Procurement process

A demand for additional fighter jets was put forward by IAF in 2001. The current IAF fleet, reportedly, largely consists of heavy and light-weight combat aircraft. So, the Ministry of Defence considered bringing in intermediate medium-weight fighter jets. The actual process of procurement began only in 2007. Headed by the then Defence Minister AK Antony, the Defence Acquisition Council approved the RFP to buy 126 aircraft in August 2007, which kickstarted the bidding process.

Why a delay in finalising the deal?

Initially, the Rafale deal was estimated to be worth $10.2 billion (Rs 54,000 crore). The deal included acquiring 126 aircraft, 18 of them in fly-away condition and the rest to be made in India at the HAL (Hindustan Aeronautics Limited) facility under transfer of technology.

However, after they won the contract in 2001, India and Dassault started the negotiations in 2012. The negotiations have stretched on for almost four years now.

Due to elections in both the countries and the subsequent change in governments in both the countries, negotiations were in a limbo. Pricing was another issue. Even during the signing of the purchase agreement, both the sides couldn't reach a conclusion on the financial aspects. The Economic Times reported that the price of an aircraft was about Rs 740 crore and India wanted them for at least 20 percent lesser cost.

This was one of the questions posed by the Congress in Parliament on Tuesday. "Rafale and Eurofighter Typhoon were both found equals on all technical requirements. On 4 July, 2014, Eurofighter Typhoon offered to reduce prices by 20 percent. Why did Modi and the defence minister not take notice of this subsisting offer?"

The Congress asked, "Is it correct that per aircraft pricing of Rafale as per UPA negotiation comes to $ 80.95 million (Rs 526.1 crore) as against Modi government's per aircraft negotiated price of $241.66 million (Rs 1570.8 crore) as per current exchange rate? Who is responsible for 'loss to exchequer'?"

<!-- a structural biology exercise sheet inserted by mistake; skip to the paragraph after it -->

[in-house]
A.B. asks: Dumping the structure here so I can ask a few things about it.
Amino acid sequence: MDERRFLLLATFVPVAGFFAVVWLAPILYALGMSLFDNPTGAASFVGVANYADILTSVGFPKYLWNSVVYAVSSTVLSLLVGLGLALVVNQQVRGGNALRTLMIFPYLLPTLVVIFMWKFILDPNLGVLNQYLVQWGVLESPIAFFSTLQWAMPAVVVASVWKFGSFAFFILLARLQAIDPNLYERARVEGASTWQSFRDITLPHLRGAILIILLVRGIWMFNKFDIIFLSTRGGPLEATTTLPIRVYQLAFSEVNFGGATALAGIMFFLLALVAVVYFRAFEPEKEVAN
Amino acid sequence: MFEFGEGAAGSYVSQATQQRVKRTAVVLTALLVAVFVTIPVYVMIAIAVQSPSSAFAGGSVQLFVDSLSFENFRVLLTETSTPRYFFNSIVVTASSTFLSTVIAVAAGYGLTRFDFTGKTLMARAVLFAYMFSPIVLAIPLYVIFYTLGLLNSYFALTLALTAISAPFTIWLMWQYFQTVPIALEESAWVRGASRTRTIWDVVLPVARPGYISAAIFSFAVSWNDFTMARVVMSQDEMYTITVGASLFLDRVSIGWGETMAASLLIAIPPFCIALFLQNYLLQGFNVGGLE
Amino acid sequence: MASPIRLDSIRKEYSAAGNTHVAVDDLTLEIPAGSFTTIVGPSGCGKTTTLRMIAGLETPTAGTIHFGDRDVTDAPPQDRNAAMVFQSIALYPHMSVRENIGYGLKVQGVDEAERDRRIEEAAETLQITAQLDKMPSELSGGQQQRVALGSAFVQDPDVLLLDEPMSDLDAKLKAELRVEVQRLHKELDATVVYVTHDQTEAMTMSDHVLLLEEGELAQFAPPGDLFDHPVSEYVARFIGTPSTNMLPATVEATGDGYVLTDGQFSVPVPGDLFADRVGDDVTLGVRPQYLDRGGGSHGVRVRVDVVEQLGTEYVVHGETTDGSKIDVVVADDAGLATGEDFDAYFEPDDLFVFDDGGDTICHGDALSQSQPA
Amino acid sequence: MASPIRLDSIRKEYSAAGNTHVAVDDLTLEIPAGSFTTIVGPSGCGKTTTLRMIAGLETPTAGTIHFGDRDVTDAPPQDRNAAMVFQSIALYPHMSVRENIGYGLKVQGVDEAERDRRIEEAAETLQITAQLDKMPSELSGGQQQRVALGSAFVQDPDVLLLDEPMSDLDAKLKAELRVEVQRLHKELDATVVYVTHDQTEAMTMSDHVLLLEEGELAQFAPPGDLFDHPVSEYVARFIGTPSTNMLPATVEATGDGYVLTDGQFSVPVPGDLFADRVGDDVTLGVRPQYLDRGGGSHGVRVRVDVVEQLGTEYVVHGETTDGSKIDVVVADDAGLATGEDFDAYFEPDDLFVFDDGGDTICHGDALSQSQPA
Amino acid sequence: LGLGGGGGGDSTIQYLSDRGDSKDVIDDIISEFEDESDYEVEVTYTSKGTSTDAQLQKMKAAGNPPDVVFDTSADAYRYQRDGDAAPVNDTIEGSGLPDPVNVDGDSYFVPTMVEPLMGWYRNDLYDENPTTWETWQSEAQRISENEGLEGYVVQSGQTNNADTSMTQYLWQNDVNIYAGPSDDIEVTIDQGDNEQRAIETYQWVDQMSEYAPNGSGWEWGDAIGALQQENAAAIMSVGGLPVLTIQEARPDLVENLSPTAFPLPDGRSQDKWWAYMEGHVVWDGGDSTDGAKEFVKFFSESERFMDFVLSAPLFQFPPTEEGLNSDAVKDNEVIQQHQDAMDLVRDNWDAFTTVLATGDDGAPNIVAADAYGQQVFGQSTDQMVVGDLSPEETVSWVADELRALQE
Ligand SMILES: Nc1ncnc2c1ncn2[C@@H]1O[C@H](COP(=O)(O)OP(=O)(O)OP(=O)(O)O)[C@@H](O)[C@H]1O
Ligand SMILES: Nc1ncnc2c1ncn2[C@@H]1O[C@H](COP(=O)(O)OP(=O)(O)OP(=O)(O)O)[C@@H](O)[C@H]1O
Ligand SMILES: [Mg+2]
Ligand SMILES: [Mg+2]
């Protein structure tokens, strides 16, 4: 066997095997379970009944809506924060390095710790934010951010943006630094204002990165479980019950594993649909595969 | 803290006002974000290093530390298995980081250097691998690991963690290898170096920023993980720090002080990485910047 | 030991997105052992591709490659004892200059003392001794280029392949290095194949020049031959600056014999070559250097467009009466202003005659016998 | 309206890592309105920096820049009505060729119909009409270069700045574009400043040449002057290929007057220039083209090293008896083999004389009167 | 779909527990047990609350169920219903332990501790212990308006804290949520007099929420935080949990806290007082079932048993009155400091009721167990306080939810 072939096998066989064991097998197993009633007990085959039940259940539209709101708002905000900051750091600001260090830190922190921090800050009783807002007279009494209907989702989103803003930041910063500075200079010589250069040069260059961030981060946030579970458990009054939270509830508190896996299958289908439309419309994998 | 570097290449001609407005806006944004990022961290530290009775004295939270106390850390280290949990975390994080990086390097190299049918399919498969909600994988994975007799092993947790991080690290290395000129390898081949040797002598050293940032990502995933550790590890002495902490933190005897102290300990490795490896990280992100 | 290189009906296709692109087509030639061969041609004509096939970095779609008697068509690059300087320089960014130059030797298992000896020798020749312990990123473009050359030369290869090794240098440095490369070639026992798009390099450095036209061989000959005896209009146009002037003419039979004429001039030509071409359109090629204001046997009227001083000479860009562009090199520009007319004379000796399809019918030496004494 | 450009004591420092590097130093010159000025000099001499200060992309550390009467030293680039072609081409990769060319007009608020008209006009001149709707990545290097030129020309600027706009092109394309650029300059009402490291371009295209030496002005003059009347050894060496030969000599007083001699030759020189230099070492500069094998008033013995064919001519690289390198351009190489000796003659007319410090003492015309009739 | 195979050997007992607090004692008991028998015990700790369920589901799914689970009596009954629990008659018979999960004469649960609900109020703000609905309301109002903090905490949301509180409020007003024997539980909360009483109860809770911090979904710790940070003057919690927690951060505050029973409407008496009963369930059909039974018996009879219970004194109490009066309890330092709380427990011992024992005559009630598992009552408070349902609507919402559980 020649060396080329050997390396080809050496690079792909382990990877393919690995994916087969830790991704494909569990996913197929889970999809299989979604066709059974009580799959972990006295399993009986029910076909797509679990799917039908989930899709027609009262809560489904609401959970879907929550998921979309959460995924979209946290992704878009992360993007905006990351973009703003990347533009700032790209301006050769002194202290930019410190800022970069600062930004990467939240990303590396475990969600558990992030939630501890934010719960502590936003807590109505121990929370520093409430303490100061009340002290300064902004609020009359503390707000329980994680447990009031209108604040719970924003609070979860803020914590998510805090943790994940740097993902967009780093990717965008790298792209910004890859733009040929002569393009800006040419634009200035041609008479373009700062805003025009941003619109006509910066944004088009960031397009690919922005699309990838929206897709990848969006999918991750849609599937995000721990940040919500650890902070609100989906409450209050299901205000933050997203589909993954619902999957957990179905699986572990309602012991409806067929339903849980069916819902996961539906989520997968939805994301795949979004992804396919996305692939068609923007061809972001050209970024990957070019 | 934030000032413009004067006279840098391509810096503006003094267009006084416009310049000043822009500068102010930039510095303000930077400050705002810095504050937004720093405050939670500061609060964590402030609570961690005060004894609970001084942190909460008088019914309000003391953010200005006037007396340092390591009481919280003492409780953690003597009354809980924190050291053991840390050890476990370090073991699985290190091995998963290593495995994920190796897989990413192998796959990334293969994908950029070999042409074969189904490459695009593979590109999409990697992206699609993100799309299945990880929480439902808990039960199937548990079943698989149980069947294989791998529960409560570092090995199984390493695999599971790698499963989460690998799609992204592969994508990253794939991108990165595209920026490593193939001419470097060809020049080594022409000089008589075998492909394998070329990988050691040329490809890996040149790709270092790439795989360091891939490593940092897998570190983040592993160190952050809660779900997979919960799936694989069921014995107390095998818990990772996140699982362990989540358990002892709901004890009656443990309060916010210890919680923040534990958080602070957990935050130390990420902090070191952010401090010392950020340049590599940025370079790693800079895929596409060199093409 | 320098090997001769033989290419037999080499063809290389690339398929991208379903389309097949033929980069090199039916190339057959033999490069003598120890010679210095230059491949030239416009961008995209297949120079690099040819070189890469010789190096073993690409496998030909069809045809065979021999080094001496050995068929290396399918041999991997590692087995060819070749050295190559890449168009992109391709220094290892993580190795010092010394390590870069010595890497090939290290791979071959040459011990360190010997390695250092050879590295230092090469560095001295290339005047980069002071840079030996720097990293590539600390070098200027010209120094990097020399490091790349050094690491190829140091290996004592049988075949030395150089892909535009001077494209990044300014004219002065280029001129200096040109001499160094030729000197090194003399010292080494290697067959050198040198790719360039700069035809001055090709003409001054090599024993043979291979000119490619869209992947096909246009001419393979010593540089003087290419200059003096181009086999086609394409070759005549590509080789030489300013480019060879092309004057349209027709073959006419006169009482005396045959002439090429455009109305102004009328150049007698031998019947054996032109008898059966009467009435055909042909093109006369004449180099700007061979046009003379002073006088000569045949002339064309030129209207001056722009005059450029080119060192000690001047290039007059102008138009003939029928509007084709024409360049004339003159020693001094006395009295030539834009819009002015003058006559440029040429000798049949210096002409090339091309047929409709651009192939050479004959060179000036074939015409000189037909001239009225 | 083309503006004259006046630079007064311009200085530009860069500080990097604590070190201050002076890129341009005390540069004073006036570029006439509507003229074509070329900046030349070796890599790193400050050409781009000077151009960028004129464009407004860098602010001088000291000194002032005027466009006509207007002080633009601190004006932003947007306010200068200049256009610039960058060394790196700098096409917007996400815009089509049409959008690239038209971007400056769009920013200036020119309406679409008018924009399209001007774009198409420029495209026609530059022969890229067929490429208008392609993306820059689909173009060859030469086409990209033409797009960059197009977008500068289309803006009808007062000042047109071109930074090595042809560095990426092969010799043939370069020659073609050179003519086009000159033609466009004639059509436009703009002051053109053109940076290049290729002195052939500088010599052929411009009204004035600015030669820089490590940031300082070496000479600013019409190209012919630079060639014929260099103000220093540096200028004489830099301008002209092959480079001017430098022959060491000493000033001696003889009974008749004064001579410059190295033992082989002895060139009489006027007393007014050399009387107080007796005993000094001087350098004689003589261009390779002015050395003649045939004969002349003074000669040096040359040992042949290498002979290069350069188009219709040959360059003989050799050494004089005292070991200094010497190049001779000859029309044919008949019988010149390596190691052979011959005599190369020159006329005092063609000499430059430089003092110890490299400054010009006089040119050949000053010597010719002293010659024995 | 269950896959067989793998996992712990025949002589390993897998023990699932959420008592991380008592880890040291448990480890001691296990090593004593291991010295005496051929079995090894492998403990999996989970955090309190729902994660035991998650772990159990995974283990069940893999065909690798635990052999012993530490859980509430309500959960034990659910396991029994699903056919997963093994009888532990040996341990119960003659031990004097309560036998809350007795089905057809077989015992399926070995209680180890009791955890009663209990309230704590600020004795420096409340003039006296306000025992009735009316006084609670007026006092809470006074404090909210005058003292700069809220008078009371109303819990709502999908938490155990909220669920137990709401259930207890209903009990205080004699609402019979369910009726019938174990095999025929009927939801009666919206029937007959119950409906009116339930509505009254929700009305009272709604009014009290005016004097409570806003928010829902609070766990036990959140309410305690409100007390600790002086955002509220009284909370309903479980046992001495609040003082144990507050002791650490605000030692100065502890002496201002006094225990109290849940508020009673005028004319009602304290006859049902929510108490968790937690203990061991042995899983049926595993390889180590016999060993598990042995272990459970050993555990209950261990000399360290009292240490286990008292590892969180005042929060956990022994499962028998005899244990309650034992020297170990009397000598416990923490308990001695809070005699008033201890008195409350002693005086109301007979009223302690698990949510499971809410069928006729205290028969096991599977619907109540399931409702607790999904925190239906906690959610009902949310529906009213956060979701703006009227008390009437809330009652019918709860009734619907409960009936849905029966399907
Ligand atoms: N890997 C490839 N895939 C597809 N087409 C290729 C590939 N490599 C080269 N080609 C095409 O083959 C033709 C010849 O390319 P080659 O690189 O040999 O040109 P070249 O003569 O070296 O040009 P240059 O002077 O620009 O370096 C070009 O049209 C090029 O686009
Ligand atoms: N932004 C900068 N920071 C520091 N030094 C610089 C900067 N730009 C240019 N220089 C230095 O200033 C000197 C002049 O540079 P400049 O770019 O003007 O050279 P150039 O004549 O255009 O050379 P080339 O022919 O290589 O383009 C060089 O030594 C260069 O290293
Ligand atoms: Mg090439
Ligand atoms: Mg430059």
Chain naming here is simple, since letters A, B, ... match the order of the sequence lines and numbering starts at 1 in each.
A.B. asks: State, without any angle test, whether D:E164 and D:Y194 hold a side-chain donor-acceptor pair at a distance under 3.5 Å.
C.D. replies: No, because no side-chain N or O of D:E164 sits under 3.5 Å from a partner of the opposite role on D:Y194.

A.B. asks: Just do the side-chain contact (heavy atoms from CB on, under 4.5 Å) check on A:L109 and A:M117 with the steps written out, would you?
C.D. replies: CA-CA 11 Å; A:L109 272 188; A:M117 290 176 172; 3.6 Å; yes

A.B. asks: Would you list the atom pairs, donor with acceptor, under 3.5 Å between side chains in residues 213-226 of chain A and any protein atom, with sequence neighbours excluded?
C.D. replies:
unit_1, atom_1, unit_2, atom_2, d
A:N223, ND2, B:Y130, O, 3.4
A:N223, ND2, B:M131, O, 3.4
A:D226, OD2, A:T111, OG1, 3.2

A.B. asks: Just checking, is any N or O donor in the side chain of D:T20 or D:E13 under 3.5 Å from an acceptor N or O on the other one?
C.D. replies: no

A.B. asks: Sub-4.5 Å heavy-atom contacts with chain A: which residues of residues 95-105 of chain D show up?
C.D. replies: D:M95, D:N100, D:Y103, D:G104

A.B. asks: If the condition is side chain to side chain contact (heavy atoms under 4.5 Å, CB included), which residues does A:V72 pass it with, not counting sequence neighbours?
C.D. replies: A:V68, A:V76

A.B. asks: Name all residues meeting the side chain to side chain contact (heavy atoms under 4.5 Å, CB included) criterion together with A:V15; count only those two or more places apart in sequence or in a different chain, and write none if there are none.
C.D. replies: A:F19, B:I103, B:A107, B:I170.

Though the Indian government had initially planned to buy 126 jets, they scaled it down to 36, that too in ready condition.

NDA government, however, insisted that it got a better deal than the UPA government (price wise) with a total reported saving of more than €1,600 million (€350 million on the cost of aircraft with a further reported saving on weapons, allied maintenance and training package amounting to an around €1,300 million or Rs 12,600 crores), The Times of India reported.

A cost breakdown of Rafale in the original bid under UPA and in the 36 aircraft in the government-to-government deal under NDA are not in the public domain.

Rafale deal is important for both India and France: Here's why

At a time when India and the US were aiming at better relations, New Delhi picked French company Dassault over US' Lockheed and Russia's MiG, which was India's traditional partner. For the French, Rafale jets are being used mostly by France, and a few by Egypt and Qatar.

Dassault is hoping that export of the fighter jets will help the company meet its revenue targets. Meanwhile, procurement of combat aircraft is long overdue for the IAF. Experts have said that further delay can only make things worse. This deal is India's biggest-ever procurement. In the effectiveness of the Rafale deal lies the future of other defence procurements.

Rafale jets were also used in Libyan airstrikes but since India is the first country which agreed to buy the fighter jets, the French hope that once the deal is sealed other nations could express its willingness to buy more Rafales.

With inputs from agencies


Updated Date: Feb 07, 2018 16:11 PM